Undoubtedly, the judges have entered the political thicket. They have chosen a preferred course of economic policy and substituted the wisdom of the executive for their own wisdom of how Maoism is to be tackled. Effectively, the judgement disregards the basic constitutional feature of separation of powers.

The law declared by the apex court binding on all subordinate authorities now is: “Predatory forms of capitalism supported and promoted by the State in direct contravention of constitutional norms and values, often take deep roots around the extractive industries.”

After a detailed ideological discourse, the court goes on to find faults with the deployment of SPOs even though the Centre and the state legislation specifically empower them.

It is held to be violative of Article 14 — equality before the law— as youngsters with little education background from among the tribals are being given these appointments, and violative of Article 21 — the right to life and liberty — as SPOs have low educational qualification and can’t be expected to understand the danger of fighting Maoism. Hiring such SPOs would endanger their lives and the lives of others and, therefore, encouraging them is violative of Article 21.

The payment of honorarium while performing the onerous task is yet another ground for quashing their appointments. If the court found the honorarium inadequate it could always direct a more humane honorarium. If it found that educational qualifications for becoming SPOs were inadequate, it could always direct the state to formulate a policy so that persons with reasonable qualification are appointed as SPOs.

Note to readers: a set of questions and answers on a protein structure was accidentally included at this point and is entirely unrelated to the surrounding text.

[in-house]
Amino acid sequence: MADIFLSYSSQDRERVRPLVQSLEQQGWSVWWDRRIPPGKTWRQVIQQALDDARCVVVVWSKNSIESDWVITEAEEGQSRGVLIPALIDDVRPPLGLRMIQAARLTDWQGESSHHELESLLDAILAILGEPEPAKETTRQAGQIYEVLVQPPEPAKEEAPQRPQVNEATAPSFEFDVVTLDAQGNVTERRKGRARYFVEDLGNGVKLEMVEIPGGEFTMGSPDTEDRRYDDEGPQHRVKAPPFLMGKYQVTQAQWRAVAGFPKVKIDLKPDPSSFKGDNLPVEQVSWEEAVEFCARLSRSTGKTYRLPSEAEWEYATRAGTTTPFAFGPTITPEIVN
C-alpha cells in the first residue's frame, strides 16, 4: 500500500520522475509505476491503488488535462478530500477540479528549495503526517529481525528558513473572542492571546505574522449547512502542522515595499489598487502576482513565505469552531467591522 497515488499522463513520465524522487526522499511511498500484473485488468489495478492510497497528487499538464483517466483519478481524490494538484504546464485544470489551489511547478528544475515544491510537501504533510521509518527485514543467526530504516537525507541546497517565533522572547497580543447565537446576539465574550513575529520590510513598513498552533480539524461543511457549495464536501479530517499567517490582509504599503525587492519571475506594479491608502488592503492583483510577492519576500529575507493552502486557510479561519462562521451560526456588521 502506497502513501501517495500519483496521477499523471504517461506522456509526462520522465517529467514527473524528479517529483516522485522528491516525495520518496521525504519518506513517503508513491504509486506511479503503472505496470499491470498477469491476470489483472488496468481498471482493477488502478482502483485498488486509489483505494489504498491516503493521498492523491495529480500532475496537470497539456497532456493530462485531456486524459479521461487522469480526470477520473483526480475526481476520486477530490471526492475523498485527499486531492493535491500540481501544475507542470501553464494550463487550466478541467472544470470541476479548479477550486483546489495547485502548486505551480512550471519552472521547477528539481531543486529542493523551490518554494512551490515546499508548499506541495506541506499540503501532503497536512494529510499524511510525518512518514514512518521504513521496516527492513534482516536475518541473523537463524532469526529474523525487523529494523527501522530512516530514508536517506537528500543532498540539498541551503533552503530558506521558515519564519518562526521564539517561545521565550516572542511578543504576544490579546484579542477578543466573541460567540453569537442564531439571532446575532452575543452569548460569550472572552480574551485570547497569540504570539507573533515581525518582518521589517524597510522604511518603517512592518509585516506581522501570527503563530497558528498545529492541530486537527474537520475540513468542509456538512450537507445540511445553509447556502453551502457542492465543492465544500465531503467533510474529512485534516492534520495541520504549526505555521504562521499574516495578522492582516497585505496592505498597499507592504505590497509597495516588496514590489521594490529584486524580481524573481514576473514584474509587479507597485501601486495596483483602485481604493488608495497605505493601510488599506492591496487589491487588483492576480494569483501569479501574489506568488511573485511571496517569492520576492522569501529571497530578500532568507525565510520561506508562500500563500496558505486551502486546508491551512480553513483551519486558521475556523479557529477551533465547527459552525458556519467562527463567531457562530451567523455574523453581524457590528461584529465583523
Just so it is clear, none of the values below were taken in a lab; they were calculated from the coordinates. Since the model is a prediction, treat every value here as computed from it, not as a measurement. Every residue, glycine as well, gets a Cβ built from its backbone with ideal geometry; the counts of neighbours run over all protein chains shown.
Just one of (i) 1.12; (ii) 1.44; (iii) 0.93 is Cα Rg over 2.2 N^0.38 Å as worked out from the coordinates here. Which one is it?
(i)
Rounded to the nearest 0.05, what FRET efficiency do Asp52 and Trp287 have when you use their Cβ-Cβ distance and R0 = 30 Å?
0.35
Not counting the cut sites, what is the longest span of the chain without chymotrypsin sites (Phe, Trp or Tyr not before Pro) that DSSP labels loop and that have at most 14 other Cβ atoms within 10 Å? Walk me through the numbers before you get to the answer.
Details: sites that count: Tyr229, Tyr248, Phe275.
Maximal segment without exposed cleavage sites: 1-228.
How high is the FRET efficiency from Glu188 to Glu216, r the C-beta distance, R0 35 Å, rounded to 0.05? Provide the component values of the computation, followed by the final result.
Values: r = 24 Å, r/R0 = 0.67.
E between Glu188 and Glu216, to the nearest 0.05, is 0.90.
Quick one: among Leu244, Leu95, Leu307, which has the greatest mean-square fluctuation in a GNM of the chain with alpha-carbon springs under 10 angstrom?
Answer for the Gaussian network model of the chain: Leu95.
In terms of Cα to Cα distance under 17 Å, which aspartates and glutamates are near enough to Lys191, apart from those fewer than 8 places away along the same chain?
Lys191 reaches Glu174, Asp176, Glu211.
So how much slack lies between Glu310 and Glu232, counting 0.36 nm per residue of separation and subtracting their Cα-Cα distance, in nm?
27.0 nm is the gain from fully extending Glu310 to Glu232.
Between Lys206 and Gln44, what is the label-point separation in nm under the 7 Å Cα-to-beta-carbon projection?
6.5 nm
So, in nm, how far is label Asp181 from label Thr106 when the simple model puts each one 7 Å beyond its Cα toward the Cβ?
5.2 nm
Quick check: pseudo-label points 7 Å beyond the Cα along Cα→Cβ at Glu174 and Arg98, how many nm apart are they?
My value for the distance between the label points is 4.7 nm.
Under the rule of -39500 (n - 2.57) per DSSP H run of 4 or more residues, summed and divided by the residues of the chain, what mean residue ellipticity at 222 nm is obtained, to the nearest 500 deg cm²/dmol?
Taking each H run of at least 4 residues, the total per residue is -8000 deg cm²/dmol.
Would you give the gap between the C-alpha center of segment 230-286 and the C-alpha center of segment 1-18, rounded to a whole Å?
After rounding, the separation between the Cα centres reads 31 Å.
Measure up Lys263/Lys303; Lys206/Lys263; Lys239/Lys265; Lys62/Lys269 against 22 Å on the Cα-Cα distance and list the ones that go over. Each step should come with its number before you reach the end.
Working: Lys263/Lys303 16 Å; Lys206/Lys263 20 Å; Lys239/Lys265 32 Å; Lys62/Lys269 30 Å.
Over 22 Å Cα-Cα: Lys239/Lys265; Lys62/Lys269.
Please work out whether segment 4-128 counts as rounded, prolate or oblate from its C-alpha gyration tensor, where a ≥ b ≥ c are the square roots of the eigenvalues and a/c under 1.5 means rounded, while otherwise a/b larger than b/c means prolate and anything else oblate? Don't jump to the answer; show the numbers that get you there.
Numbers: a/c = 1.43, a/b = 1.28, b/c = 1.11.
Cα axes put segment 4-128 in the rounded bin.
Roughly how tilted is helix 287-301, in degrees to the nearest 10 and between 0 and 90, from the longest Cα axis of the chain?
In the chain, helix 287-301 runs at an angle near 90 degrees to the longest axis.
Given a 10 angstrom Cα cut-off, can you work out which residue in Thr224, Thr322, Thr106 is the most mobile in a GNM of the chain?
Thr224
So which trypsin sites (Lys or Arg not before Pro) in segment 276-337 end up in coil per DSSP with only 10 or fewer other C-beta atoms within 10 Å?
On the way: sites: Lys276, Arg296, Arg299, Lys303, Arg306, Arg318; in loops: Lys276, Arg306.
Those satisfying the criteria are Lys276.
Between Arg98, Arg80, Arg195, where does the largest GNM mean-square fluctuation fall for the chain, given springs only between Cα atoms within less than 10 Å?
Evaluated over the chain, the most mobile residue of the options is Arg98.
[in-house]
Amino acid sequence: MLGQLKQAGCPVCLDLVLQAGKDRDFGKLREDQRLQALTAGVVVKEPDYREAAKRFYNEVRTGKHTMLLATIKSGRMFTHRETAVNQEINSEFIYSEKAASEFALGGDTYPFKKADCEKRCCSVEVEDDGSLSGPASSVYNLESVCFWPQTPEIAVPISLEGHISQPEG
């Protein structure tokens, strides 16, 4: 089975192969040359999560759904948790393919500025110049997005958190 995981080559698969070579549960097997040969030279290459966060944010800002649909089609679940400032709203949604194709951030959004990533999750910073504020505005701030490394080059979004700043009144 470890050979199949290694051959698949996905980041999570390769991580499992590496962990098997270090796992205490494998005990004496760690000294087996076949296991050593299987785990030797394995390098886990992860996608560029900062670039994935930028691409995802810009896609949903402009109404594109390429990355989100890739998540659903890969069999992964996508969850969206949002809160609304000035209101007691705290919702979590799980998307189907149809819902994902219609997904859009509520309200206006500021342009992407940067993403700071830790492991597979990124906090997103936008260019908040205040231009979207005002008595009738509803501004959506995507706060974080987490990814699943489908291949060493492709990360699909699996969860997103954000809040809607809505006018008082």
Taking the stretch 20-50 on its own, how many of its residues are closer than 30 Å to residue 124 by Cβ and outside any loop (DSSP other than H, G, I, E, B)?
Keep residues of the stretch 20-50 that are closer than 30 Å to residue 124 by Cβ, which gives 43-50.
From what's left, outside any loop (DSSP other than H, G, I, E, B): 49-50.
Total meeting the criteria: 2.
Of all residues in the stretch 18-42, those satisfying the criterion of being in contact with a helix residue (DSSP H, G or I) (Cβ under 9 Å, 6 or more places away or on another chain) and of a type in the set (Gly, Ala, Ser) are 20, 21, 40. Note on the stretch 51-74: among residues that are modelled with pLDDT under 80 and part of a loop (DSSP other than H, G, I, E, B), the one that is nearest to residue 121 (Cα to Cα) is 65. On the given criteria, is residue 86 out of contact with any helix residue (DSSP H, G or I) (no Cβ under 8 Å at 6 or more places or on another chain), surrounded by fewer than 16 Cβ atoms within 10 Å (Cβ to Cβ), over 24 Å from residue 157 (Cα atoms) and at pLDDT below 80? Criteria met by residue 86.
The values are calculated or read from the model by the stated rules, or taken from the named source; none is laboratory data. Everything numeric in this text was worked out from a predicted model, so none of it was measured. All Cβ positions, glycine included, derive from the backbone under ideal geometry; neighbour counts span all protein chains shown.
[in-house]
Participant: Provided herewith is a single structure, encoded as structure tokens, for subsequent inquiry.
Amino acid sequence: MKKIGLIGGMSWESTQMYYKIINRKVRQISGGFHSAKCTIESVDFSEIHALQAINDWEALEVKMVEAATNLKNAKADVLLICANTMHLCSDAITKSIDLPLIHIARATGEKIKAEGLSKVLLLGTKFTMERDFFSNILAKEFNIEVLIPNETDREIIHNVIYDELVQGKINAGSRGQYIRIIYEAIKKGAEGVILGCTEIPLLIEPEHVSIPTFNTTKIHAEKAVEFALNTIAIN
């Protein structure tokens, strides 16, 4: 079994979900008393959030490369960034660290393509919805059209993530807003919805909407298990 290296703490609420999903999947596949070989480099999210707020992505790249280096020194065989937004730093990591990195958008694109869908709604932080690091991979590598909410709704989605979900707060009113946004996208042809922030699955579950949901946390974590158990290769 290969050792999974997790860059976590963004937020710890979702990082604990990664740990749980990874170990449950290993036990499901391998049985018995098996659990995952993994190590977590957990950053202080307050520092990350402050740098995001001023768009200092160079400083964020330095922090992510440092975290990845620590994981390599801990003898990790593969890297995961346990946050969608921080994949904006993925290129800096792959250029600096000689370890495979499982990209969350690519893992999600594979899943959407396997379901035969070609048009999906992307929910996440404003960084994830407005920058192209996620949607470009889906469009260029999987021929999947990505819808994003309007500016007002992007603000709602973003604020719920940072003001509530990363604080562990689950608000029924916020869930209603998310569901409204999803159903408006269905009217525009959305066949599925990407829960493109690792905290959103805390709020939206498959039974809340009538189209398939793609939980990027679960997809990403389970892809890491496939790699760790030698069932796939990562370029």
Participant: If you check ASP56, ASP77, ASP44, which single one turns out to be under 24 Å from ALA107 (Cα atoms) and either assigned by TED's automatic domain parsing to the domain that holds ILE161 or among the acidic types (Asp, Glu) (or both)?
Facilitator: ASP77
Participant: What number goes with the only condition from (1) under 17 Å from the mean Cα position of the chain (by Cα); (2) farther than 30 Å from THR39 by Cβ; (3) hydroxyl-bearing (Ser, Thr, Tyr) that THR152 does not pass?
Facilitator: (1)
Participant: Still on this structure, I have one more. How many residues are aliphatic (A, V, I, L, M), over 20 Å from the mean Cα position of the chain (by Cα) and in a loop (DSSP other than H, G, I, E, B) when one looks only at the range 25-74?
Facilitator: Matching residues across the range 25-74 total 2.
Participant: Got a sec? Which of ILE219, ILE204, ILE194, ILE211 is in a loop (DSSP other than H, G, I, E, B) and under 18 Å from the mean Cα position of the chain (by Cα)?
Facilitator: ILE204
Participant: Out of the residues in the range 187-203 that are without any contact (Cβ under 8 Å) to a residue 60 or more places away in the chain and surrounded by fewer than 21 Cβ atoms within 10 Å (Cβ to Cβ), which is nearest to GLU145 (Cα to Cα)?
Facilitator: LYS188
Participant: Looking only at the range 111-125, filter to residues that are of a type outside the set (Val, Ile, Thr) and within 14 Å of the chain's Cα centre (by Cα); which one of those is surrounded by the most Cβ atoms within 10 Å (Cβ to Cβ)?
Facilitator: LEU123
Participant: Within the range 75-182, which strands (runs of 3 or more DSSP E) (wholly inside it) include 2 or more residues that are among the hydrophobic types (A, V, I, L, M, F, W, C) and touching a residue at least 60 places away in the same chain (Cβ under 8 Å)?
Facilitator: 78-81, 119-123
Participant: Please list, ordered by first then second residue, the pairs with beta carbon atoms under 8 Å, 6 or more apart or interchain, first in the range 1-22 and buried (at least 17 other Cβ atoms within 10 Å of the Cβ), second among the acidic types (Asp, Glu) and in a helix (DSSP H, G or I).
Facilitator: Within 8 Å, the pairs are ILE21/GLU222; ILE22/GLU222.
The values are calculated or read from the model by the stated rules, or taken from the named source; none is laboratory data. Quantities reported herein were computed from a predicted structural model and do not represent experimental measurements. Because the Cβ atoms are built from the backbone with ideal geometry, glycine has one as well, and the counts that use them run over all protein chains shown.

The court failed to realise that lives of ordinary citizens, including SPOs, are threatened by the Maoists. Thanks to the Supreme Court, it is now ‘Advantage Maoists’.

The rationale of the judgement is ideology, not the Constitution. When a court acquires an ideology, it decides to frame a policy. It dismantles the constitutional mandate of separation of powers and enters the domain of the legislature and the executive. The rationale in this judgement has upset the constitutional balance.

If the ideology of a judge decides constitutionality, the socio-political philosophy of the judge would become relevant. When the social philosophy of a judge is relevant, you are back to the dark days leading up to the Emergency. There is no greater threat to judicial independence than a judiciary committed to a socio-political ideology and not the Constitution.

India’s political process and Parliament must seriously consider the consequences of this judgement.

(Arun Jaitley is the leader of Opposition in the Rajya Sabha. The views expressed by the author are personal)

Source: http://www.hindustantimes.com/Wasn-t-justice-blind/Article1-719939.aspx